What worries the Left is not merely its own organisational and political irrelevance in the midst of such profound churning but that the working classes—the supposed vanguard of the revolution that never was—are providing the electoral ammunition of this populist identity surge
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What worries the Left is not merely its own organisational and political irrelevance in the midst of such profound churning but that the working classes — the supposed vanguard of the revolution that never was — are providing the electoral ammunition of this populist identity surge. Whether in Italy or France, countries that boasted formidable Left-wing parties after World War II, it is the erstwhile Communist strongholds that have shifted allegiance to the New Right. In the 1960s, the opposition to immigration in places such as Britain and France came from those who were embittered by the loss of empire. Today, the desire to preserve a country’s national character, both in cultural and ethnic terms, are coming from those who claim impeccable working-class pedigree. In the UK, the Labour Party has found itself in a twilight zone in the Brexit debate because its cosmopolitan activists — whose political lineage can be traced to the 1968 upsurge and the ensuing radicalism — are out of tune with the older traditions of the party.
In a curious sort of way, the trends in Europe are being replayed in the United States. The election of Donald Trump sent shock waves in both the liberal East Coast Establishment and the campus radicals who, together, had contributed immeasurably to the deification of a new liberal order under Barack Obama. For the first half of the Trump presidency, they took solace in laughing at the unusual president and gloating over his apparent stupidity. However, simultaneously it became clear that the opposition to Trump was being crafted almost entirely on the support of Black and Hispanic voters and young White voters with a penchant for a particular lifestyle. Those who considered themselves left out of the larger social and economic changes gripping the US and were, at the same time, most comfortable in the insular ‘American way’ thought Trump was the answer to liberal over-indulgence. In a bizarre way, the strident anti-Trump sentiments have driven the Democratic Party into the arms of a Left that dotes on high taxes and liberal immigration. Where this is leading the US to is unknown. All that can be said is that America’s hegemonic status in the world is being whittled down by internal developments.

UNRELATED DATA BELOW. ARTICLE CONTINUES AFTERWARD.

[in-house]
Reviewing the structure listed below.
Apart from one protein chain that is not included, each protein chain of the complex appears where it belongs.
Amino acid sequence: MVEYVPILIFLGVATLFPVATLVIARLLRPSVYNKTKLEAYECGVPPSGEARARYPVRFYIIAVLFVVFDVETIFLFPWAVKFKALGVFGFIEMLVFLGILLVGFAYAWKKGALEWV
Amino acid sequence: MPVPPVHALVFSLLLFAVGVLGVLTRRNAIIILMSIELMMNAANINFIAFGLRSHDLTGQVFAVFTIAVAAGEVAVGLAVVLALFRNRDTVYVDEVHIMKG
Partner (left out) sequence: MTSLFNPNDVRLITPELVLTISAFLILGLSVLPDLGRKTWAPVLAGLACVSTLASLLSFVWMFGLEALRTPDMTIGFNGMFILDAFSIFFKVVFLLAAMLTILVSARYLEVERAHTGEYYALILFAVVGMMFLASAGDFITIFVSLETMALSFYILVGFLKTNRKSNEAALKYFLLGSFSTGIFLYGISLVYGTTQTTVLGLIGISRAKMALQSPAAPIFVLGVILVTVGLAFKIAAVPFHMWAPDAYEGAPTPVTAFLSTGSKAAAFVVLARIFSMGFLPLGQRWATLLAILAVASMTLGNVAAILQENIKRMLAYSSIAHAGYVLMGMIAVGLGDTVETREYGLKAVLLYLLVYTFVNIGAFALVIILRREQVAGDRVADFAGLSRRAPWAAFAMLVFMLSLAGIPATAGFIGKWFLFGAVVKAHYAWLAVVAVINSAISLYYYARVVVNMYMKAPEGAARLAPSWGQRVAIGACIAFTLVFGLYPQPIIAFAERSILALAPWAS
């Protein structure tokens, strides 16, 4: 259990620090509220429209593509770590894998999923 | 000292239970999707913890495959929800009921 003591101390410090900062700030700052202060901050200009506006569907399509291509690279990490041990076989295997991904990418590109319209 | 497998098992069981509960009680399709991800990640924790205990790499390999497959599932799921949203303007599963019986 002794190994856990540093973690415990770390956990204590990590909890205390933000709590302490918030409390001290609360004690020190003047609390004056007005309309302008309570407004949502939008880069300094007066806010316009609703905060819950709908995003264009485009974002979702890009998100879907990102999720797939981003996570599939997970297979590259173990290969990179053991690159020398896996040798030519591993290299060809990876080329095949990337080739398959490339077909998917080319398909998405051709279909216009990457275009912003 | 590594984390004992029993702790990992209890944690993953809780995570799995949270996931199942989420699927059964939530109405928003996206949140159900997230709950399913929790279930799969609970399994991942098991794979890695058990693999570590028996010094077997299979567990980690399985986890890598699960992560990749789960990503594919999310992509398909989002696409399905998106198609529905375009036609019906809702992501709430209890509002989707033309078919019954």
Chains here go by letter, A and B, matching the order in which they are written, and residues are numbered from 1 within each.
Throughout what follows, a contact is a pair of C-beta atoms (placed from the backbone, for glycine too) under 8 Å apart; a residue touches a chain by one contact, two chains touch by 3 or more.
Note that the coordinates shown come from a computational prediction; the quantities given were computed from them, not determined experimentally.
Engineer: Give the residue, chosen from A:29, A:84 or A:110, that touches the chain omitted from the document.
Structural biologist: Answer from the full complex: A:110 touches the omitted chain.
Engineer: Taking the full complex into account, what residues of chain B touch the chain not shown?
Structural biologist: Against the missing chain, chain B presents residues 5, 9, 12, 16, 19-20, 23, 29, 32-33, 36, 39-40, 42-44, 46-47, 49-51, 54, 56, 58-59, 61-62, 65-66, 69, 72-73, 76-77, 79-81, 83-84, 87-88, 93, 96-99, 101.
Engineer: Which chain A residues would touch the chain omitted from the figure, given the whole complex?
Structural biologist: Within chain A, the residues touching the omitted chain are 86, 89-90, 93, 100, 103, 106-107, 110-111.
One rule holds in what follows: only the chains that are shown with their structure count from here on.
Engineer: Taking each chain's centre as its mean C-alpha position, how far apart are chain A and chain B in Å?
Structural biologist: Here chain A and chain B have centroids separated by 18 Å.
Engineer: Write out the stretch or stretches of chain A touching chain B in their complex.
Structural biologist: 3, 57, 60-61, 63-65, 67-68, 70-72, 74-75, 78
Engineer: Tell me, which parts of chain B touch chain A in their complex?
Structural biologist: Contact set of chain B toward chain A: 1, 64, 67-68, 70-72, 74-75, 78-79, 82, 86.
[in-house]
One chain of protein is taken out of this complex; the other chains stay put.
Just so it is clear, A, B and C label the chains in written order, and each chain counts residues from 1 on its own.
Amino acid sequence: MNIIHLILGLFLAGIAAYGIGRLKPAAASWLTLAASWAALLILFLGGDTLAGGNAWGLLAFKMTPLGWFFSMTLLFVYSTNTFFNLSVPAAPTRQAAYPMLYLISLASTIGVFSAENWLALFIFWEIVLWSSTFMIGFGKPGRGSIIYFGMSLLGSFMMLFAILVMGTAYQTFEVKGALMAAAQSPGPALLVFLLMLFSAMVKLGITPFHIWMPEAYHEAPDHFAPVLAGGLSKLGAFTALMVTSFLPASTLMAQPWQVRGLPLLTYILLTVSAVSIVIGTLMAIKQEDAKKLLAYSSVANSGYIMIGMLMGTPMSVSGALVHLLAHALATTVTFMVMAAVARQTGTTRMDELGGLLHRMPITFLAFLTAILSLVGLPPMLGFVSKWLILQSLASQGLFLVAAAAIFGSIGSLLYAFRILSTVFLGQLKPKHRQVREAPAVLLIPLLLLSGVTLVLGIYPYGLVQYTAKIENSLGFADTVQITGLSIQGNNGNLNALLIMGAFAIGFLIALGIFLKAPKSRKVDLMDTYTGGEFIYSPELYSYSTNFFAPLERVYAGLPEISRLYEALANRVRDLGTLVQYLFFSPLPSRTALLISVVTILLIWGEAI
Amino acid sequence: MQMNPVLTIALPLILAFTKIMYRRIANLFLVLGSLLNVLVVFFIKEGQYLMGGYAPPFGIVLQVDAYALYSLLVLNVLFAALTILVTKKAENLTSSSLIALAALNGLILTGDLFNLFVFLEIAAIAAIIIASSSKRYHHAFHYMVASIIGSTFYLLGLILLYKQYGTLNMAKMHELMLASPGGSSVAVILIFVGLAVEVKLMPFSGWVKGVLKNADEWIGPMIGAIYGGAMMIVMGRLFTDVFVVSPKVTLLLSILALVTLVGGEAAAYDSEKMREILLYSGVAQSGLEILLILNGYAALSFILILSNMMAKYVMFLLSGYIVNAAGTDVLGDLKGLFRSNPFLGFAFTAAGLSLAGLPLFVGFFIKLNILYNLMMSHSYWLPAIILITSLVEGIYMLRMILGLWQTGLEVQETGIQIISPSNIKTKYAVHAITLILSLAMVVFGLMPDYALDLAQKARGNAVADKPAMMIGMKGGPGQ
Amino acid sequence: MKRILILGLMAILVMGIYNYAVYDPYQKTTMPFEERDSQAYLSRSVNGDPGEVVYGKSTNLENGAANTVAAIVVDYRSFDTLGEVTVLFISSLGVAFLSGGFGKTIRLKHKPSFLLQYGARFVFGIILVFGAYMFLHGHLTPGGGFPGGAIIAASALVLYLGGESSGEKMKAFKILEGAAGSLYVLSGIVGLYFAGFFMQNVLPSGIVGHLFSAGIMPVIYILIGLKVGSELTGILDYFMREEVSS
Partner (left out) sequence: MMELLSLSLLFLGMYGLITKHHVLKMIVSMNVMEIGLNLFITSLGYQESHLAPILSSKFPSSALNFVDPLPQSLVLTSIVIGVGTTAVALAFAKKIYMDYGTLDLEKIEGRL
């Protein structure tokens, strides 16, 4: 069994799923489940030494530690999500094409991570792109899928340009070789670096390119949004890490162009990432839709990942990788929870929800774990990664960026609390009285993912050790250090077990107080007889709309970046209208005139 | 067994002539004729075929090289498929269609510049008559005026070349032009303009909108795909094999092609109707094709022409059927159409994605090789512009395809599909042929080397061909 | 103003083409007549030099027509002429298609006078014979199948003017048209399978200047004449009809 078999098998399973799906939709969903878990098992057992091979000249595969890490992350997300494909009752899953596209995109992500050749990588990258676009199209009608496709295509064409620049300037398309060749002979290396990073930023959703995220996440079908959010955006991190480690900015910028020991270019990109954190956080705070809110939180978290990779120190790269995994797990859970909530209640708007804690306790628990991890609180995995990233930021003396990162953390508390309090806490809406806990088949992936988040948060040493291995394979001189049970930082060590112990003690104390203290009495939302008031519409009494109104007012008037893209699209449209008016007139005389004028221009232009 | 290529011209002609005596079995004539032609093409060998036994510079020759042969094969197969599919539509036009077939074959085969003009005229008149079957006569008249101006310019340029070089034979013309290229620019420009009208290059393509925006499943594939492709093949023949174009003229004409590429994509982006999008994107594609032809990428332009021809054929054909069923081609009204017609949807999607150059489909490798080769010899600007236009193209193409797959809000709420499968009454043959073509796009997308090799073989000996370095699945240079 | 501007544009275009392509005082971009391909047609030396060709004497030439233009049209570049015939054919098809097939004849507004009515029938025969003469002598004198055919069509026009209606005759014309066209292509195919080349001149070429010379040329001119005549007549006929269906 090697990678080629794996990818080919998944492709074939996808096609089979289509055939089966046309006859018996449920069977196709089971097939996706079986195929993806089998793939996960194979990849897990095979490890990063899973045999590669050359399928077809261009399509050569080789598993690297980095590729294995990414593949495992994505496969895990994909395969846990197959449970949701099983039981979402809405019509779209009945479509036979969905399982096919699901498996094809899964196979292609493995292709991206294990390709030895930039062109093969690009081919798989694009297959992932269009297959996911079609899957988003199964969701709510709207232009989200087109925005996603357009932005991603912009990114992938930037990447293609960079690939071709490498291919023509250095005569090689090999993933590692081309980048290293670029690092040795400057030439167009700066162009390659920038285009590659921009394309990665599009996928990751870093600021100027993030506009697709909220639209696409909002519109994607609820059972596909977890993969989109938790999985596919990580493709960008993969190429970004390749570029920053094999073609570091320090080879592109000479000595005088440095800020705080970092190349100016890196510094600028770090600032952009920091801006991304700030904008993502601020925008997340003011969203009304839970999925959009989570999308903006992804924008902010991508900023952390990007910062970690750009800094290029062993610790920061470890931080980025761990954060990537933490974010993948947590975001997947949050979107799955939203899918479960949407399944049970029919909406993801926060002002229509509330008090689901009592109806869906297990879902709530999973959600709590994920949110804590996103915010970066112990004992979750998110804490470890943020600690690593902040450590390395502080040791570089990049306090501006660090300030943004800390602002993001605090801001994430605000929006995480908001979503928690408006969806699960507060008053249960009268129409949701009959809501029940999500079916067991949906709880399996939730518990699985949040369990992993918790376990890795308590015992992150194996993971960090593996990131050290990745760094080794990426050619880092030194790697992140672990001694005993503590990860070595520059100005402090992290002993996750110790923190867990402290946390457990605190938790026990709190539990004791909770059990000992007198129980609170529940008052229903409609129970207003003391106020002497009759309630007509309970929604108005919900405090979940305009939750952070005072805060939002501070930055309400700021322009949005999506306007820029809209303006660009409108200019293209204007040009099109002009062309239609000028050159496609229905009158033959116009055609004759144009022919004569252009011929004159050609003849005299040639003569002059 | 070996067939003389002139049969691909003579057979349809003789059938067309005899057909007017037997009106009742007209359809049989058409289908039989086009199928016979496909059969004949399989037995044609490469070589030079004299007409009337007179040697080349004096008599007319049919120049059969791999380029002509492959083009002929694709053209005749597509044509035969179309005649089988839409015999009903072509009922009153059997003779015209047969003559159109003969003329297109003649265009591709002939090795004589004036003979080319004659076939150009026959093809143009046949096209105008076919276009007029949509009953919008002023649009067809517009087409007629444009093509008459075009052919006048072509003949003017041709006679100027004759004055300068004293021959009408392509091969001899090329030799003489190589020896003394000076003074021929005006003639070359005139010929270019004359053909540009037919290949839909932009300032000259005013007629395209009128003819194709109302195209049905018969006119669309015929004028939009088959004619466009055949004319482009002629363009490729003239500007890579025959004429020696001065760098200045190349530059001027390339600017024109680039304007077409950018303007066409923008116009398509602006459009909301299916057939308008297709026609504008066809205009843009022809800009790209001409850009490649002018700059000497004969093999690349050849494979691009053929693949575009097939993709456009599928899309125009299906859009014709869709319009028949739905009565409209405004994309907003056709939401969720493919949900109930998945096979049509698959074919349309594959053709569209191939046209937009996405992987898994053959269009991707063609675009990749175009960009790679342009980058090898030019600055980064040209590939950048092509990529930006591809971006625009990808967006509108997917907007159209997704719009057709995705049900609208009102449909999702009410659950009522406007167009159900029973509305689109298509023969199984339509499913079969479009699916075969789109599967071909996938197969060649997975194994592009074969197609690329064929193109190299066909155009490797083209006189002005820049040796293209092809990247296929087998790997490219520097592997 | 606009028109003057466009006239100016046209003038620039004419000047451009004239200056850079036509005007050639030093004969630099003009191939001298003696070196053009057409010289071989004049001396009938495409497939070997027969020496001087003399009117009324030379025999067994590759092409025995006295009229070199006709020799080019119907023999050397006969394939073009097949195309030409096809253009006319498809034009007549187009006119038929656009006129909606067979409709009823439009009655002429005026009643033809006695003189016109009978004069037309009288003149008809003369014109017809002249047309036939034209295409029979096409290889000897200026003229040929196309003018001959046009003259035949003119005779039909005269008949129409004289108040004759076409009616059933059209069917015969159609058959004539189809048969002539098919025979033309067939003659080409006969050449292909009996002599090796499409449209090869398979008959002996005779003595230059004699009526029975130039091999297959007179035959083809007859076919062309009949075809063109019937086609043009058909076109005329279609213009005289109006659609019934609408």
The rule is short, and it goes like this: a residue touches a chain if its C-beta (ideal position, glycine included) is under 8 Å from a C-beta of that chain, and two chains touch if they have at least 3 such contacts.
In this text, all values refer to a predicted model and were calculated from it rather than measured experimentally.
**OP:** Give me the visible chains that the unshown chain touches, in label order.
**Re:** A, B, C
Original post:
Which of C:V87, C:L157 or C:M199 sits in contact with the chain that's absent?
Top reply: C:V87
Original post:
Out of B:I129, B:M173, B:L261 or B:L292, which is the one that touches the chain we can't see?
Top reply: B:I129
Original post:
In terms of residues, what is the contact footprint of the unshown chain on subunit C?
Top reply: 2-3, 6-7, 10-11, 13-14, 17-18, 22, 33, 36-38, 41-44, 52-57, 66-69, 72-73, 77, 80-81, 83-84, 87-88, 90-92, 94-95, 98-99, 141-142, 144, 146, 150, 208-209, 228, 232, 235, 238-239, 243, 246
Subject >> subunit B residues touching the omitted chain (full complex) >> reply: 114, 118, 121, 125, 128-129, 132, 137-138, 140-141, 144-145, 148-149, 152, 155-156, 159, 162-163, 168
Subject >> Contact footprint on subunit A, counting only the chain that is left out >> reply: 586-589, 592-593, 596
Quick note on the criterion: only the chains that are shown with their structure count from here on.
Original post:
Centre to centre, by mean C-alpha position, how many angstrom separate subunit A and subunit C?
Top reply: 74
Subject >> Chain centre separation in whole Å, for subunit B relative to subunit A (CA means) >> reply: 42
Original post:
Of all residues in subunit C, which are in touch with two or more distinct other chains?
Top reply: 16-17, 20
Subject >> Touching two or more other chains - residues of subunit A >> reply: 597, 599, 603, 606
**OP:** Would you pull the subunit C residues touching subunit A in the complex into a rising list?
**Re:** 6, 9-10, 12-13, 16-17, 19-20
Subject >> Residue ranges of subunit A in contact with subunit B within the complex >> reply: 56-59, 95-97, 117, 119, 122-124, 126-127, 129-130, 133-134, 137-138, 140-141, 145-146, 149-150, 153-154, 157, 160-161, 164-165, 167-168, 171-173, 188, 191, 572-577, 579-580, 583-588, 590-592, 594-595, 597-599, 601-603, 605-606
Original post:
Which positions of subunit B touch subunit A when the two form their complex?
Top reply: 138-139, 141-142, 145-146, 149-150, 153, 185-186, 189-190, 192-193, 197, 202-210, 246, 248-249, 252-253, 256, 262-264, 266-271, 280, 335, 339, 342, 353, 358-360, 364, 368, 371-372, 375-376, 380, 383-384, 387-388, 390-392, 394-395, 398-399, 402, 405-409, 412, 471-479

How do events in the First World play out in India?
I am sure there are private enclaves — and not merely in the rarefied surroundings of Jawaharlal Nehru University — where private celebrations are combined with political assertions of Modi and Amit Shah’s evilness. Ever since this outlander duo barged into national politics, Left and liberal India have had a ball declaiming against the banal stupidity of the so-called bhakts. It was assumed that having won by an inexplicable fluke in 2014, Modi would implode in the next few years not least owing to a subaltern upsurge, led naturally by an enlightened few with a renaissance idea of India. Despite alternative indications, they clung to a caricatured view of the Modi Government being bereft of support from all sections except venal crony capitalists, upper-caste social conservatives and ideological Hindutva die-hards.